SenTech originally entered into a requirements contract with Ketec, in furtherance of which Ketec was to supply SenTech with certain components of the EAS system. Third-party Complaint at 7. No authorization was given to Ketec to manufacture any other part of the EAS system. Third-party Complaint at 7. A second requirements contract was entered into whereby Ketec was authorized to manufacture the entire EAS system for SenTech. Third-party Complaint at 7. Ketec was not authorized to manufacture the EAS systems for their own use, sale or distribution. Third-party Complaint at 8. The third and final requirements contract permitted Ketec to manufacture only components of the EAS system. Third-party Complaint at 9.
The essence of the federal claim for false designation of origin is that the third-party defendants manufactured, marketed and sold the EAS systems without authorization and "have used in commerce a device and false designation of origin which is likely to cause confusion . . . ." Third-party Complaint at 9, 10-11. As noted above, SenTech alleges additional state claims of common law and statutory unfair competition, common law and statutory trademark and trade dress infringement, breach of contract, and various other state claims. Third-party Complaint at 12-25. It is clear that all of these claims, both federal and state, arise from the same set of circumstances, namely that Ketec engaged in the unauthorized manufacture, marketing and sale of the EAS systems designed by SenTech. This clearly constitutes that "a single wrong to [the defendant], for which relief is sought . . . ." Finn, 341 U.S. at 14. SenTech would certainly be subject to the possibility of contradicting and inconsistent adjudications should the court exercise jurisdiction over the federal claim and remand the remaining state claims. See Patient Care, 755 F. Supp. at 650. Accordingly, the federal claim under the Lanham Act cannot be considered separate and independent under § 1441(c) and the entire action must be remanded to state court.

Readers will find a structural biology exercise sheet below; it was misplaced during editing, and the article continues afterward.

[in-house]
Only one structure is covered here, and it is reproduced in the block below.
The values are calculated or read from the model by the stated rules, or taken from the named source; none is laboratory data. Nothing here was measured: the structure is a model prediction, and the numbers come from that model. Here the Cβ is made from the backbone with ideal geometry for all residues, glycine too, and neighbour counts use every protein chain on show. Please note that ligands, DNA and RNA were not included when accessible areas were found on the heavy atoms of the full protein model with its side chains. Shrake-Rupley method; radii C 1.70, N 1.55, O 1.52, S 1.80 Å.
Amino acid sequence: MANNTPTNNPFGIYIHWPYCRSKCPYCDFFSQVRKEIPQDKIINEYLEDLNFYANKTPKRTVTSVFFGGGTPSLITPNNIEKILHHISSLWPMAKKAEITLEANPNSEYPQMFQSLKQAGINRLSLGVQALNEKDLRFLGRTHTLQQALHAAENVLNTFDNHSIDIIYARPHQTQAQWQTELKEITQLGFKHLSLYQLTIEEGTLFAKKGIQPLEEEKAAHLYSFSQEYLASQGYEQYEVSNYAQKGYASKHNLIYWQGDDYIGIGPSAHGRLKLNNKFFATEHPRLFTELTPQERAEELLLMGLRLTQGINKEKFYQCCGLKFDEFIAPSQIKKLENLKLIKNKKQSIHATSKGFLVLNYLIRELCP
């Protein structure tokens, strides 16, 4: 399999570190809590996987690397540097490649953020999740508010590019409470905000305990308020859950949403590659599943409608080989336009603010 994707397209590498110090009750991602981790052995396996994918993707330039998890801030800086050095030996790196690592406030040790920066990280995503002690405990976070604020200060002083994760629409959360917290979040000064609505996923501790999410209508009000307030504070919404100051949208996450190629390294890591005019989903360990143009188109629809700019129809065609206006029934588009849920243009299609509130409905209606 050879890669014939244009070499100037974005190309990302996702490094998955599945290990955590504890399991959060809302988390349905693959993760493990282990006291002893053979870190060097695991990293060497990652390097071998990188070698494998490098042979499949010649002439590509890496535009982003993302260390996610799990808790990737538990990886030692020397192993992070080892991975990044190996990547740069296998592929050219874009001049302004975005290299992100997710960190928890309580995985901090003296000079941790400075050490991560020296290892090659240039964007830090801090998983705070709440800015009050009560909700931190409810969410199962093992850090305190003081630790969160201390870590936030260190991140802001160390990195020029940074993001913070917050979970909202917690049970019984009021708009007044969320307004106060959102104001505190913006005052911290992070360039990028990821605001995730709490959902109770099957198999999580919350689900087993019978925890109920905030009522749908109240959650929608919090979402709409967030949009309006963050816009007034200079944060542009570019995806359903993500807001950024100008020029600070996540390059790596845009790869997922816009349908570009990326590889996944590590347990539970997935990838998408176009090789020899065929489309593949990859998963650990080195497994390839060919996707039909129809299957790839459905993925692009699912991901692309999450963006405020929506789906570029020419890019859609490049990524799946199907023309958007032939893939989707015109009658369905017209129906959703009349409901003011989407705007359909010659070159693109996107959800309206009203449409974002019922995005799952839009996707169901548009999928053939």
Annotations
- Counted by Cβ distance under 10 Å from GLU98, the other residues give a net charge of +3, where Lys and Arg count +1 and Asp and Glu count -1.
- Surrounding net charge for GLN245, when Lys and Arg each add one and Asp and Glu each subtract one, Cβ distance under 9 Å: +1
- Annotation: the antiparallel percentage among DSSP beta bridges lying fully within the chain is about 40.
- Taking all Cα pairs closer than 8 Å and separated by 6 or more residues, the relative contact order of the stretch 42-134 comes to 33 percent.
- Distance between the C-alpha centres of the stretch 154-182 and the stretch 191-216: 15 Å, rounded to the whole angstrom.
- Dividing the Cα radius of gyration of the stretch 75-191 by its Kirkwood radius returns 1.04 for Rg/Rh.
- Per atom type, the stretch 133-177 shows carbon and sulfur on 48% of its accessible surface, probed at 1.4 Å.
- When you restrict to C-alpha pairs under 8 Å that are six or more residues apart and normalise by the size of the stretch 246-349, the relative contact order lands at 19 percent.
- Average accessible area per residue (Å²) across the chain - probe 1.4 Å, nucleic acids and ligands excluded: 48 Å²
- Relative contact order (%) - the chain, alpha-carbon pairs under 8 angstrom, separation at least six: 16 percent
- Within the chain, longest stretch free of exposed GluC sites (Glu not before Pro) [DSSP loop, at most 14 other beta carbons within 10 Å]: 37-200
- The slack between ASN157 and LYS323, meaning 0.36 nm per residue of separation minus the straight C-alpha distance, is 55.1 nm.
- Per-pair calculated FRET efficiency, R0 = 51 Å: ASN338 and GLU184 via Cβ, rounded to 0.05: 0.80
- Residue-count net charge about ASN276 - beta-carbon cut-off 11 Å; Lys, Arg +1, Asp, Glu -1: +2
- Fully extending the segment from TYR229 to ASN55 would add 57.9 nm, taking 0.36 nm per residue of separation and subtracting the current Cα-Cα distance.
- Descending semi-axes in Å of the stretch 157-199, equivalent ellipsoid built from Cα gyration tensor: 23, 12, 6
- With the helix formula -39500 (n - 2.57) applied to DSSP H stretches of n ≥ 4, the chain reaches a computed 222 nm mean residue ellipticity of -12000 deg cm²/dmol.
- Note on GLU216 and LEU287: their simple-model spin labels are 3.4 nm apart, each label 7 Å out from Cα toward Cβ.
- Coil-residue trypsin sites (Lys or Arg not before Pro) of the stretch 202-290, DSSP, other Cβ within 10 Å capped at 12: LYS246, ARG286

Based on the foregoing reasons, the defendant's motion for remand shall be GRANTED. This matter shall be remanded to the Superior Court of New Jersey, Law Division, Burlington County. The defendant's request for costs shall be DENIED and each side shall bear their own costs. An appropriate order shall enter on this date.
JOEL B. ROSEN
United States Magistrate Judge
Dated: February 11, 1998
This matter having been brought before this court upon the motion of Anthony K. Modafferi, III, Esquire, attorney for the defendant, SenTech EAS Corporation, for remand; and the court having considered the submissions of the defendant; and the court having considered the opposition submitted by Norman E. Lehrer, Esquire, attorney for the third-party defendants, Ronald Kenny, George Kaltner, and Roy Edwardsen; and
THE COURT NOTING that for the reasons noted in the letter opinion entered on this date; and for good cause shown;
IT IS on this 11th day of February, 1998 hereby
ORDERED that the defendant's motion for remand shall be GRANTED ; and
IT IS FURTHER ORDERED that this case is remanded to the Superior Court of New Jersey, Law Division, Burlington County. The Clerk of the Court shall allow ten (10) days to expire from the filing of this Order; if the parties do not appeal on or before the tenth day, the Clerk shall direct the case to the appropriate state court.
IT IS FURTHER ORDERED that the defendant's requests for costs shall be DENIED.
JOEL B. ROSEN
United States Magistrate Judge